Other healthy suggestions in this article:

· “Add art supplies such as crayons, brushes and watercolors to encourage your child’s creativity.” (For my somewhat inartistic kid, this would be considered school supplies. “Mom, am I supposed to give this stuff my teacher on Monday morning or what?”)

· “Put packages of dried fruit like figs, raisins and dates in the basket, or goodies like homemade fruit leather or trail mix.” (Why don’t I just set a $20 bill on fire instead and save myself the trouble of going to the store. Do I want to end up with said raisins flung in my face? Hmmm, not so much.)

· “Include a new toy or book, then top off the basket with a stuffed bunny or fuzzy chick. While it might be tempting to add a real bunny to your child’s basket (Be careful that your child knows the difference between chocolate candies and bunny poo) you need to know the commitment you’re getting into.” (You raised a child, but, no, a bunny may be a little too much commitment). “Baby bunnies are a terrible impulse purchase,” (My impulse purchases tend to be books and fashion accessories, but I’m sure that’s just because Amazon hasn’t yet sent me an e-mail for great deals on baby farm animals.)

“A rabbit can be easily injured or disabled due to improper handling.” Says Ms. Helpful, “Because rabbits look so kid-sized, it is often assumed that children and bunnies will be a good combination. However, the two are generally a mismatch, as even gentle kids can hug a rabbit too hard.” (Mommy? Why did Bunny make a crunching noise when I hugged him? What is that red stuff coming out of Bunny’s ears and nose? Why does Bunny just lie there all the time? Why does he have that terrible smell? Why are flies buzzing around him?)

“In addition, most rabbits go through a personality change. Baby bunnies are adorable, but when they enter adolescence at about 3 to 4 months, the once-amiable creatures begin to display a strong will [and] a desire for independence.” (Does the bunny get facial piercings and tattoos? Does the bunny drop out of school and follow Phish on tour? Does the bunny move in with its looser boyfriend/girlfriend and do drugs?)

Wow. I never really considered all the pitfalls of impulse Easter shopping. Thanks Ms. Helpful for giving me some healthful food for thought.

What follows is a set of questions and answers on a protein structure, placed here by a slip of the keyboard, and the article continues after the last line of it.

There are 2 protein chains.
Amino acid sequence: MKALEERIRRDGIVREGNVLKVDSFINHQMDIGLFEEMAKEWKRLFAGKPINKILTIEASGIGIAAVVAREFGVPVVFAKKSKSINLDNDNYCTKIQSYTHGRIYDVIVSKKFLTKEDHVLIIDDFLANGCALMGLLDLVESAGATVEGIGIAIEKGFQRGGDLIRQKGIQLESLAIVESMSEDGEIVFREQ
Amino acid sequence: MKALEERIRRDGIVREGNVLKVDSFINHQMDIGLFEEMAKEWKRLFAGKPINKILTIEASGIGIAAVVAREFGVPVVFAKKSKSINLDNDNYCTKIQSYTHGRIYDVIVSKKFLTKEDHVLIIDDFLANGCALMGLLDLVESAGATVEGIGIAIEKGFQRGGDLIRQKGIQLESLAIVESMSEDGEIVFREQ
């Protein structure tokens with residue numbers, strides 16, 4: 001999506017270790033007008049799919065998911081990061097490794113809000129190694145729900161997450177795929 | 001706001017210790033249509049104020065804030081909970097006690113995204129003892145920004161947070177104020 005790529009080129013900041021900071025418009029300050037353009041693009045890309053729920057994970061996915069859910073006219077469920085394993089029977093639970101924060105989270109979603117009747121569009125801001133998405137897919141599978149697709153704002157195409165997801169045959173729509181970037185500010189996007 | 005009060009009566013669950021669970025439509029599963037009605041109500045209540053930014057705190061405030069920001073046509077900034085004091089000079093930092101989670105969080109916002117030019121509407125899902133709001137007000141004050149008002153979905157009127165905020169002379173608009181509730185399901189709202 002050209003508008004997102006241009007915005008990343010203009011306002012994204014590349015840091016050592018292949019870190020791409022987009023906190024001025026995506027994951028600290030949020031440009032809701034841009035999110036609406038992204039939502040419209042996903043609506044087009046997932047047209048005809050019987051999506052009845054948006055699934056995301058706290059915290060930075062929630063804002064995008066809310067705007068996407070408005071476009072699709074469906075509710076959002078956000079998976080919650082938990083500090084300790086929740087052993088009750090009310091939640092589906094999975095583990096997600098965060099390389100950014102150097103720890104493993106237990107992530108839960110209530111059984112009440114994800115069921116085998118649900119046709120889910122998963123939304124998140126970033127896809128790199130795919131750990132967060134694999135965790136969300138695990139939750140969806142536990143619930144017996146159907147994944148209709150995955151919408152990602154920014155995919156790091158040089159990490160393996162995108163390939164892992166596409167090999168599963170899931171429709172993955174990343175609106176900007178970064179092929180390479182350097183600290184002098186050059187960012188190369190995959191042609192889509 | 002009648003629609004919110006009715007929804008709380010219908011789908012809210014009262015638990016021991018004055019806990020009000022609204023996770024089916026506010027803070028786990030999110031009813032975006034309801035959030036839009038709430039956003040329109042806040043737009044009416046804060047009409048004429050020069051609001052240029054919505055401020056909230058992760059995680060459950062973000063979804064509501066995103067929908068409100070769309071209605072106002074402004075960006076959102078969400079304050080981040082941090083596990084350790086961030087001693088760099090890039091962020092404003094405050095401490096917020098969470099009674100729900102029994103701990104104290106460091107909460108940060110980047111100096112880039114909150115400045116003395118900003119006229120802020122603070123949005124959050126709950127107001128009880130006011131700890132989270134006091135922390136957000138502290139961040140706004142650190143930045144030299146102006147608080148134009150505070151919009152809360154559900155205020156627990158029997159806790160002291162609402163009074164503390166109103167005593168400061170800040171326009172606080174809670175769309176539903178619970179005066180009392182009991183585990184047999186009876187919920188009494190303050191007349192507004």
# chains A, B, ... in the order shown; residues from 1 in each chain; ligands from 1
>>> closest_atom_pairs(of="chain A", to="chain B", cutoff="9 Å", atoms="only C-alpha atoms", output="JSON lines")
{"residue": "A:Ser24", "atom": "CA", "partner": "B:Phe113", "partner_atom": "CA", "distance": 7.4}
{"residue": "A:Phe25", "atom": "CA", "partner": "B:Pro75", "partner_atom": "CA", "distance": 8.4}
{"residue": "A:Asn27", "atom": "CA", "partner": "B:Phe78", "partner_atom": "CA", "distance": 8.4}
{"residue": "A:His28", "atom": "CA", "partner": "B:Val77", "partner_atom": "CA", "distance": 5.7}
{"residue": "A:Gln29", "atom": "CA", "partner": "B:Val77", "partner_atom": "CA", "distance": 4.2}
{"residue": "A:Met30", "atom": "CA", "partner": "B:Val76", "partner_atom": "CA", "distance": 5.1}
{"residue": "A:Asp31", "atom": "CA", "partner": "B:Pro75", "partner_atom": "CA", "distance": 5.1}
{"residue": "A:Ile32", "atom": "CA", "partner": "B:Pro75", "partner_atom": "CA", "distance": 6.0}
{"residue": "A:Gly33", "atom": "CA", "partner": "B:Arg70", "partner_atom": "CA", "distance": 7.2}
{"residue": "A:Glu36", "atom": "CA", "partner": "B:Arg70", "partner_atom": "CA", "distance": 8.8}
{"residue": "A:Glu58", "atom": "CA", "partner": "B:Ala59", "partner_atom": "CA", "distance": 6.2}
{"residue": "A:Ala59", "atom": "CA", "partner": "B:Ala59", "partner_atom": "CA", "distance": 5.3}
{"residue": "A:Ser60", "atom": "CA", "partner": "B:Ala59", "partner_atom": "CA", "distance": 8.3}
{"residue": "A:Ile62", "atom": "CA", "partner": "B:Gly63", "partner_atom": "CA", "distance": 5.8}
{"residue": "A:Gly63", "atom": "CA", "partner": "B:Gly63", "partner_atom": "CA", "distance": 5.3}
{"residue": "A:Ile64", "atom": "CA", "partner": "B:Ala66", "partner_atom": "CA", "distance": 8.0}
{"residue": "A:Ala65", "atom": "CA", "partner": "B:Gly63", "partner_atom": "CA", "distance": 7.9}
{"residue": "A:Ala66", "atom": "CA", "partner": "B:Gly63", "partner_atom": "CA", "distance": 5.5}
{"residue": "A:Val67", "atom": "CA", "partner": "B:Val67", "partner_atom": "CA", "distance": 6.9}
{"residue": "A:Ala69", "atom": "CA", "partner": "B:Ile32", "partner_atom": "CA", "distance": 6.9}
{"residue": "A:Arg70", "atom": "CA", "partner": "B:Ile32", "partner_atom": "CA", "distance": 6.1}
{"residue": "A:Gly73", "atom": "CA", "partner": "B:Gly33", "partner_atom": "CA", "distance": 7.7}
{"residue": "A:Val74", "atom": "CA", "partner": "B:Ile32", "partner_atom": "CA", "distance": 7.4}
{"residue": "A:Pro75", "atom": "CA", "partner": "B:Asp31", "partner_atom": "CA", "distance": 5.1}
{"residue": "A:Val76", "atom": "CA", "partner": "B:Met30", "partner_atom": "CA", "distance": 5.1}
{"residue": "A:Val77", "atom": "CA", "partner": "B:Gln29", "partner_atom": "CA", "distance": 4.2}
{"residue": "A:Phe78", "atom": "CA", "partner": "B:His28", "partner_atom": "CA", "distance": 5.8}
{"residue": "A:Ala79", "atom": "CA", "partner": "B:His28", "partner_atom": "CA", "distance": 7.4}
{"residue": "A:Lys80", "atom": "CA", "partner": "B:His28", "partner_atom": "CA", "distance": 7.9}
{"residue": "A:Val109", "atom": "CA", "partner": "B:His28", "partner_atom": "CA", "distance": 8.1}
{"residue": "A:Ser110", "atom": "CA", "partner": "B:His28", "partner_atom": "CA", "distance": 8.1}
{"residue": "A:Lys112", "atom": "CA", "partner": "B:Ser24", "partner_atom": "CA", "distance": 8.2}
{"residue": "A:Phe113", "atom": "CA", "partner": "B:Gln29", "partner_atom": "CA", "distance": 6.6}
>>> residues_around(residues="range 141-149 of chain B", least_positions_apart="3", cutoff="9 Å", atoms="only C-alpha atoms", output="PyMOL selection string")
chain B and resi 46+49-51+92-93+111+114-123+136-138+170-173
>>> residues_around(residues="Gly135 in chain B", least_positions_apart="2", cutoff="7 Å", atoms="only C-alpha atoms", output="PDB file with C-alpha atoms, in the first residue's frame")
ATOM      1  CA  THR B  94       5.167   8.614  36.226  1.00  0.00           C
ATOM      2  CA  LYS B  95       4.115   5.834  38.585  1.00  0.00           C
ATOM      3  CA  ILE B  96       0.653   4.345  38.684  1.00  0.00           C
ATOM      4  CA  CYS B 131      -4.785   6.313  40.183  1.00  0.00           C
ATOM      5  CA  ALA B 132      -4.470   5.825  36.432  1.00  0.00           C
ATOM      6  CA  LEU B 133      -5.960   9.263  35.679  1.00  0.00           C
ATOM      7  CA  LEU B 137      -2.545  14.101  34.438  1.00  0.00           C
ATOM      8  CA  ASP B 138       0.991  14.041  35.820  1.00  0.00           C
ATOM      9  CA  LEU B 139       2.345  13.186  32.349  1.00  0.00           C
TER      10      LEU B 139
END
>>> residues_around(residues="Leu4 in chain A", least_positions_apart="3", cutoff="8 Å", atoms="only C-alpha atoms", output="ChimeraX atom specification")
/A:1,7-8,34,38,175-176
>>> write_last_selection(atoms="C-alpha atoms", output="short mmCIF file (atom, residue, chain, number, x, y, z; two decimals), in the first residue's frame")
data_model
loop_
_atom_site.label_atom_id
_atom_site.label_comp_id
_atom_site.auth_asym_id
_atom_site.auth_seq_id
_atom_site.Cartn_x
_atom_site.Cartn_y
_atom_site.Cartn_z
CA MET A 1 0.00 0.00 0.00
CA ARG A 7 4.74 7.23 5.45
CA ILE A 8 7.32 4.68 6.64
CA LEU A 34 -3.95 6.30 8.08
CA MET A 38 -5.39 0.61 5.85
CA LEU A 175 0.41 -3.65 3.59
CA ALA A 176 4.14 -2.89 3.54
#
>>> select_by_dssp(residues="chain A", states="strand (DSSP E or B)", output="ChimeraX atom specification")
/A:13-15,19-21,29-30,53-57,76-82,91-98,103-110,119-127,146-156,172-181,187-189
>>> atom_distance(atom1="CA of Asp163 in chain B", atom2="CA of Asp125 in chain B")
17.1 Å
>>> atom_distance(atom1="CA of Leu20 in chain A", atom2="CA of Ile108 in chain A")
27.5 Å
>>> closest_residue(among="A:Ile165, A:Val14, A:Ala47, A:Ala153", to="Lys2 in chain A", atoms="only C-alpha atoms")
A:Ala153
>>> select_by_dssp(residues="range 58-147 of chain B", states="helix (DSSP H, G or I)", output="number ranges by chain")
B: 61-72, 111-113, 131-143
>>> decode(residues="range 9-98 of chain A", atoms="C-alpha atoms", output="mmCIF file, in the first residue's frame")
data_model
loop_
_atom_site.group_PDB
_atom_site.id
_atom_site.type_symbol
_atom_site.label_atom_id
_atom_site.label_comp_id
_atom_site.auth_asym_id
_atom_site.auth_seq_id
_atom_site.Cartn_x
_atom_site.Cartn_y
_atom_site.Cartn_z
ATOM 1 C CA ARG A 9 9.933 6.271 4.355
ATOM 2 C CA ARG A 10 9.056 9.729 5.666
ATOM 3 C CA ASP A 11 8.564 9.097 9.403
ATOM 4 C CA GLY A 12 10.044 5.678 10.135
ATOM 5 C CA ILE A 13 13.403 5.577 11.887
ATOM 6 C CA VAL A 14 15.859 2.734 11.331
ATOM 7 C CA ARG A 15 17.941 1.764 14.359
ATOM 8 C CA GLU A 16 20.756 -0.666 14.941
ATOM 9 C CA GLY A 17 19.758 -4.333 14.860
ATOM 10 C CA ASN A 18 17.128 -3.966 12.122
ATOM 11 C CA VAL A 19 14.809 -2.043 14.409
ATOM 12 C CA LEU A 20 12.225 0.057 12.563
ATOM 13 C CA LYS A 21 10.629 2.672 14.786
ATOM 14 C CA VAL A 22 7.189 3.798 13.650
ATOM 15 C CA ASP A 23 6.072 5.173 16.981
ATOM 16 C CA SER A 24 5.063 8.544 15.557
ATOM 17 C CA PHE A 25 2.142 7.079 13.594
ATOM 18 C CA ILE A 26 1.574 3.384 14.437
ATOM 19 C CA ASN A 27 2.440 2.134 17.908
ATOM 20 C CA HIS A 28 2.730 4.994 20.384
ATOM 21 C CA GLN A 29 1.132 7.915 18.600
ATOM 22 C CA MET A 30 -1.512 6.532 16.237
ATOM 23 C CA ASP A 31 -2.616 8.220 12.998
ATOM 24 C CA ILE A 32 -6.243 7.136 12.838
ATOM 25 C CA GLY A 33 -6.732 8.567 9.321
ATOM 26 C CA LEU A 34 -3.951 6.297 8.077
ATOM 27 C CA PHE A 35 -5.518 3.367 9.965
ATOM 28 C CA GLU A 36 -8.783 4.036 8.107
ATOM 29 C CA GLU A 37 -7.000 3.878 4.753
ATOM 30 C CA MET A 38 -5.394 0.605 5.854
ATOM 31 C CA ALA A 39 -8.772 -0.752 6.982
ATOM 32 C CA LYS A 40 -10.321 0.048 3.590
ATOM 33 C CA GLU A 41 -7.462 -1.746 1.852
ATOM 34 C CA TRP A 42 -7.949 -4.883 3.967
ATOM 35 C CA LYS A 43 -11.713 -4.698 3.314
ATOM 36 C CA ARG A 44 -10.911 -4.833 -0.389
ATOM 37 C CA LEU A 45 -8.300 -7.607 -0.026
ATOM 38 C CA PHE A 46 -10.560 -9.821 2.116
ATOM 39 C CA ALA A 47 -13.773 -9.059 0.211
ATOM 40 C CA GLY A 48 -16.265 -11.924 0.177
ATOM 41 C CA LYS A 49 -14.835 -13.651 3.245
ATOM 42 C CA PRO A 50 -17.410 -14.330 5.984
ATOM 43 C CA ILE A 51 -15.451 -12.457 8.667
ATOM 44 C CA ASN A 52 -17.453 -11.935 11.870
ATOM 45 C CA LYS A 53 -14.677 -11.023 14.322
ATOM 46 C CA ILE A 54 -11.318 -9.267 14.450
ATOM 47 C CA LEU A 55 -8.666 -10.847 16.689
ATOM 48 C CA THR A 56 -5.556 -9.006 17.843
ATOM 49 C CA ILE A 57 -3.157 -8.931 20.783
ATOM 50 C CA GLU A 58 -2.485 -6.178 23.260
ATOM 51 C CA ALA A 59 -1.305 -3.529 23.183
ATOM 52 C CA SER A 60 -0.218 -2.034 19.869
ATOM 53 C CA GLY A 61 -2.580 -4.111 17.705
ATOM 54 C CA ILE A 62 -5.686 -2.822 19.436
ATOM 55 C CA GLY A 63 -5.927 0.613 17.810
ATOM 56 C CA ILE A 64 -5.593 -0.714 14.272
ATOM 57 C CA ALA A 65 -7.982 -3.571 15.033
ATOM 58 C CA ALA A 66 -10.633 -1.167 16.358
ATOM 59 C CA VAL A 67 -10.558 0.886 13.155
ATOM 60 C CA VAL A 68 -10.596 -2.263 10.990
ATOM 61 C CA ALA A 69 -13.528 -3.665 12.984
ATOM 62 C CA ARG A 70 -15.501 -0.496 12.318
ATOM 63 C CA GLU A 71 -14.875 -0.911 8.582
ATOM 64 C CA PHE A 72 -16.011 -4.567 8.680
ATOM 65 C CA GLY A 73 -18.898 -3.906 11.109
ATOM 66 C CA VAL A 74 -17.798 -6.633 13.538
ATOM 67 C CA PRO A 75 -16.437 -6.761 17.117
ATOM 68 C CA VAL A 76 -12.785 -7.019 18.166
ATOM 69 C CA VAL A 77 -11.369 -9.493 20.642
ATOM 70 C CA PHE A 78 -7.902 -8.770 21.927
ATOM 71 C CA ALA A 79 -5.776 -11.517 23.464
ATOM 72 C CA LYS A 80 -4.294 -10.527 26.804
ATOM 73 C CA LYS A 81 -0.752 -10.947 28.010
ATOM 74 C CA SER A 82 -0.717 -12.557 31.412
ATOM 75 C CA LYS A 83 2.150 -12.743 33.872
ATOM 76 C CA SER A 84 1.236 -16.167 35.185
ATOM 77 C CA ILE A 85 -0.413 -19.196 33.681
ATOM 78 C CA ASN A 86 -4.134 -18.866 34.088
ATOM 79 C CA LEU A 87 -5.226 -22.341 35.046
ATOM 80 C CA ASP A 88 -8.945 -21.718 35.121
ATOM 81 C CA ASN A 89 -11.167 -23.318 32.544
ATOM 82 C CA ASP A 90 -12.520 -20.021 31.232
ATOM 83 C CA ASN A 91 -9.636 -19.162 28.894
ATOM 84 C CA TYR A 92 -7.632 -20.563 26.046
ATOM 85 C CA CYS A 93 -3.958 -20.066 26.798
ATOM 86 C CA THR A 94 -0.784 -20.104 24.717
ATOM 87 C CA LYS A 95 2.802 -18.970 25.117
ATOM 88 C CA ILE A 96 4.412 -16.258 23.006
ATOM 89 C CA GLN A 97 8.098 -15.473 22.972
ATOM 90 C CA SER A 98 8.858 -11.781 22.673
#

As an aside: If allowances are to be made for “healthy” in our children’s Easter baskets, then Songs in Squee Minor recommends…What else? Books! They’re low calorie and high in fiber. Here are some suggestions for your kid’s Easter basket.

· Watership Down; a Tale of Rabbits by Richard Adams (a must for any book lover, young or old)

· Velveteen Rabbit by Grennady Spirin

· Rabbit Hill by Robert Lawson

· Bunnicula by Deborah and James Howe (this suggestion comes from Cdsquee, a child expert)

· Dragonbreath; Revenge of the Horned Bunnies by Ursula Vernon (My older elementary boy is loving these graphic novels right now)

· Anything by Beatrix Potter

· I am a Bunny by Richard Scarry (This is one of my all-time favorites for small children. Pictures are beautiful. And there is a Kindle Fire edition out now. Too cool.)

· Little Bunny Follows His Nose (A scratch and sniff book! I had mine from childhood but it was almost sniffed out. I bought a new one for my son and he loved it.)


1 Comment (+add yours?)

  1. Elizabeth
    Mar 22, 2012 @ 21:29:03

    This may not have made me squee, but it did make me laugh. I can’t believe they felt the need to tell you “Be careful that your child knows the difference between chocolate candies and bunny poo”… Seriously? It it really necessary for all fun things to be turned into exercise and all treats turned into homemade fruit leather?